Redacting for anonymisation: Article 8 v Article 10 in child protection context

Panopticon has reported recently on the ICO’s new Code of Practice on Anonymisation: see Rachel Kamm’s post here. That Code offers guidance for ensuring data protection-compliant disclosure in difficult cases such as those involving apparently anonymous statistics, and situations where someone with inside knowledge (or a ‘motivated intruder’) could identify someone referred to anonymously in a disclosed document. The Upper Tribunal in Information Commissioner v Magherafelt District Council [2012] UKUT 263 AAC grappled with those issues earlier this year in the context of disclosing a summarised schedule of disciplinary action.

Redaction is often crucial in achieving anonymisation. Getting redaction right can be difficult: too much redaction undermines transparency, too much undermines privacy. The Court of Appeal’s recent judgment In the matter of X and Y (Children) [2012] EWCA Civ 1500 is a case in point. It involved the publication of a summary report from a serious case review by a Welsh local authority’s Safeguarding Children Board. The case involved very strong competing interests in terms of Article 8 and Article 10 ECHR. For obvious reasons (anonymity being the key concern here) little could be said of the underlying facts, but the key points are these.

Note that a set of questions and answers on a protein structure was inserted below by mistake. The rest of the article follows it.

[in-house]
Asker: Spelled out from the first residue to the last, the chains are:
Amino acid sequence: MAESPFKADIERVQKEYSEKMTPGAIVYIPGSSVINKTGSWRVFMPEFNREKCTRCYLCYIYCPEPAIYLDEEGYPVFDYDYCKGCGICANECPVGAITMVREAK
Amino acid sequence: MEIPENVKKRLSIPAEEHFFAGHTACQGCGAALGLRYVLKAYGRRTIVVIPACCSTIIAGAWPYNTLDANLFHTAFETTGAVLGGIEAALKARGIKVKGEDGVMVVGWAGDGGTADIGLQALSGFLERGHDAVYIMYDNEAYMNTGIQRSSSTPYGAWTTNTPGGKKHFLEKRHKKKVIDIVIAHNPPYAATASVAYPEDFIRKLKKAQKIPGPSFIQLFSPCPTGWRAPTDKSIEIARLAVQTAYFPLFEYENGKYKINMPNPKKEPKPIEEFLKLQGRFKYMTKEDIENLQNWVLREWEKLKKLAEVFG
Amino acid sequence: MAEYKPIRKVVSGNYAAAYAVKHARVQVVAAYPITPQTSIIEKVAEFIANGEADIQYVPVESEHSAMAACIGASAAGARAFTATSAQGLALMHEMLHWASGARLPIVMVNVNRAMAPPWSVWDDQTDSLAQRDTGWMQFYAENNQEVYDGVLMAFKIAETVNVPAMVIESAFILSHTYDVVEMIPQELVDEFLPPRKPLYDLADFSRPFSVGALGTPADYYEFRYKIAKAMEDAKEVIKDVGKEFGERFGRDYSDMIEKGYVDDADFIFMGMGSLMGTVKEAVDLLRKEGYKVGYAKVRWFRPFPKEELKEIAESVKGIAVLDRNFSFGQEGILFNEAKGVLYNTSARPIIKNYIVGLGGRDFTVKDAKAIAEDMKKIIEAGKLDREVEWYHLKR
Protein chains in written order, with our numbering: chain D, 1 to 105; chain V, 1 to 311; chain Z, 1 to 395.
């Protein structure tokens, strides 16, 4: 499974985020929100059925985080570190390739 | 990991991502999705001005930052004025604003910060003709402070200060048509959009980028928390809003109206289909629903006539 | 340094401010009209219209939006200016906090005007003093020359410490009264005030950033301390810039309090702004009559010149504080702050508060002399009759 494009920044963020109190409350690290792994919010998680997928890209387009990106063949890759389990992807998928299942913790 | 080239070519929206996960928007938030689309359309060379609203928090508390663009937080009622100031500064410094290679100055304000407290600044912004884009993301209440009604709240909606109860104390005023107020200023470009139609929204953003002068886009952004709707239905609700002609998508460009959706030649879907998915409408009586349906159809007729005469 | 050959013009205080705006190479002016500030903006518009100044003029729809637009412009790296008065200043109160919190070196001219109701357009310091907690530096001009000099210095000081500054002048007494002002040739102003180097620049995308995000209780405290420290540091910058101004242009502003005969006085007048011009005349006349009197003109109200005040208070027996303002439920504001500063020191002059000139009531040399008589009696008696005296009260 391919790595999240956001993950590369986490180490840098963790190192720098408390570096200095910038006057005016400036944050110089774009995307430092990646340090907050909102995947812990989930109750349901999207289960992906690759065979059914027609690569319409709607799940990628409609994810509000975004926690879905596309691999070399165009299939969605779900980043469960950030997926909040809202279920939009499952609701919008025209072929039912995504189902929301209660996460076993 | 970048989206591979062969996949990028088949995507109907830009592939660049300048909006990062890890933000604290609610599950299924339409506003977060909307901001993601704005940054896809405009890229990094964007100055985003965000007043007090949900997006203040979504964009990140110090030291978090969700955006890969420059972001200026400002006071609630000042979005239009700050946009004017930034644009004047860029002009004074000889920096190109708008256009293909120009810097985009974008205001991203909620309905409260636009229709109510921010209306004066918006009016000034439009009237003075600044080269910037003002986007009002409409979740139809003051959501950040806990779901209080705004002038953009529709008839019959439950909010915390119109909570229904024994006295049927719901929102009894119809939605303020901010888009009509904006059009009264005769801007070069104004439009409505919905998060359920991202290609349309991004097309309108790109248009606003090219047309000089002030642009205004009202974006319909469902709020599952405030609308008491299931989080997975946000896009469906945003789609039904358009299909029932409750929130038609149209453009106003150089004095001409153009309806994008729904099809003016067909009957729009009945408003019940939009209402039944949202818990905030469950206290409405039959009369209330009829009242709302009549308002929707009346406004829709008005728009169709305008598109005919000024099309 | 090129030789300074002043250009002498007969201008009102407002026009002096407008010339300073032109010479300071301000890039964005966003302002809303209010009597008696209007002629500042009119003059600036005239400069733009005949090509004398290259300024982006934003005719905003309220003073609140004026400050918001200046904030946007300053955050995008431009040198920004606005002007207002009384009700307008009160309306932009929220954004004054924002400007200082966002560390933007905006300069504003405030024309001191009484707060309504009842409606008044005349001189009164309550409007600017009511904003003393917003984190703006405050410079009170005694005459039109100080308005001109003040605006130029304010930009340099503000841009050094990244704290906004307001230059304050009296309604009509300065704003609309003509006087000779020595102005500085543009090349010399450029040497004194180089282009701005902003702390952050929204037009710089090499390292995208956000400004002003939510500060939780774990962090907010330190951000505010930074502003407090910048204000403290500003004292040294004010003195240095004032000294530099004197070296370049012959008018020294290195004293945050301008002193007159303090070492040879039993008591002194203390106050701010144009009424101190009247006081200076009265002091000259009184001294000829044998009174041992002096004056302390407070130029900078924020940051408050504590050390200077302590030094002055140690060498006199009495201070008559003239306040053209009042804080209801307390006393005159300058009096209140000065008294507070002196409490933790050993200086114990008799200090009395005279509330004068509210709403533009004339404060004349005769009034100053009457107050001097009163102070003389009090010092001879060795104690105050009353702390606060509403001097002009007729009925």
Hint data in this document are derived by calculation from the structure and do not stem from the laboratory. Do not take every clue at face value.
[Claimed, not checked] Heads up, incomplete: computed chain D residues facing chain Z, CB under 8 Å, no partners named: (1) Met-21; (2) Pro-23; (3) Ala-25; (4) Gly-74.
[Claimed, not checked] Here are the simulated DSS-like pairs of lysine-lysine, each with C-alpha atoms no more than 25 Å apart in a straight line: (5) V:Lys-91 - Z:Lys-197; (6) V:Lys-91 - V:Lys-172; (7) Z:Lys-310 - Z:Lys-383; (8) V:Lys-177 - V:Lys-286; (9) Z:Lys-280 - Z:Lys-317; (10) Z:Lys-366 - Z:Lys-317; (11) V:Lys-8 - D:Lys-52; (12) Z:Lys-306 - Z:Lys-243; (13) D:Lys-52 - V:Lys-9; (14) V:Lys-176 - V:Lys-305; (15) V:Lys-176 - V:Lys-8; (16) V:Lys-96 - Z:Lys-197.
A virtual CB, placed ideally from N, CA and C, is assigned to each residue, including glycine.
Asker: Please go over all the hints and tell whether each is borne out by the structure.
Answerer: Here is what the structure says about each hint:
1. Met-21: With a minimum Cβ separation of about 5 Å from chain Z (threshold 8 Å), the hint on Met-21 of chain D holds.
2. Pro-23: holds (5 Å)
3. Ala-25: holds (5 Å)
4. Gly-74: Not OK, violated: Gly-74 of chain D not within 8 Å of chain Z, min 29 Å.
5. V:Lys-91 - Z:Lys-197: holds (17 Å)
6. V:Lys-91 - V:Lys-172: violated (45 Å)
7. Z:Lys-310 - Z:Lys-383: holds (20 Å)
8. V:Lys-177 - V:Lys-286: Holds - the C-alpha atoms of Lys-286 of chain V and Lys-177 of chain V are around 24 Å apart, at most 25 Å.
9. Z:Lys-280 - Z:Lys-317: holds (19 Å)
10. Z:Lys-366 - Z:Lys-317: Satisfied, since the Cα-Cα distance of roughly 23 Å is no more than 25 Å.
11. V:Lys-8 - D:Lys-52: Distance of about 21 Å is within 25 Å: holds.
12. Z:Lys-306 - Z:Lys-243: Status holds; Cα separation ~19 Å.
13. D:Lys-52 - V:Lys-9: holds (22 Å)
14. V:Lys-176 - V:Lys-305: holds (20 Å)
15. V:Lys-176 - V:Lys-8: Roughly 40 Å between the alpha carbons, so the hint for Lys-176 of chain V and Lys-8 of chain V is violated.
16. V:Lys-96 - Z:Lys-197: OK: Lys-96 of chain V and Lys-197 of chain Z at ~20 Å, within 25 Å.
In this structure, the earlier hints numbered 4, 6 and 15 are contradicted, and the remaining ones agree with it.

A parent was convicted in the Crown Court of a serious offence relating to one of the children of the family (X). The trial received extensive coverage in the local media. The parent was named. The parent’s address was given. The fact that there were other siblings was reported, as also their number. All of this coverage was lawful.

The local authority’s Safeguarding Children Board conducted a Serious Case Review in accordance with the provisions of the Children Act 2004 and The Local Safeguarding Children Boards (Wales) Regulations 2006. Those Regulations require the Board to produce an “overview report” and also an anonymised summary of the overview report. The relevant Guidance provides that the Board should also “arrange for an anonymised executive summary to be prepared, to be made publicly available at the principal offices of the Board”.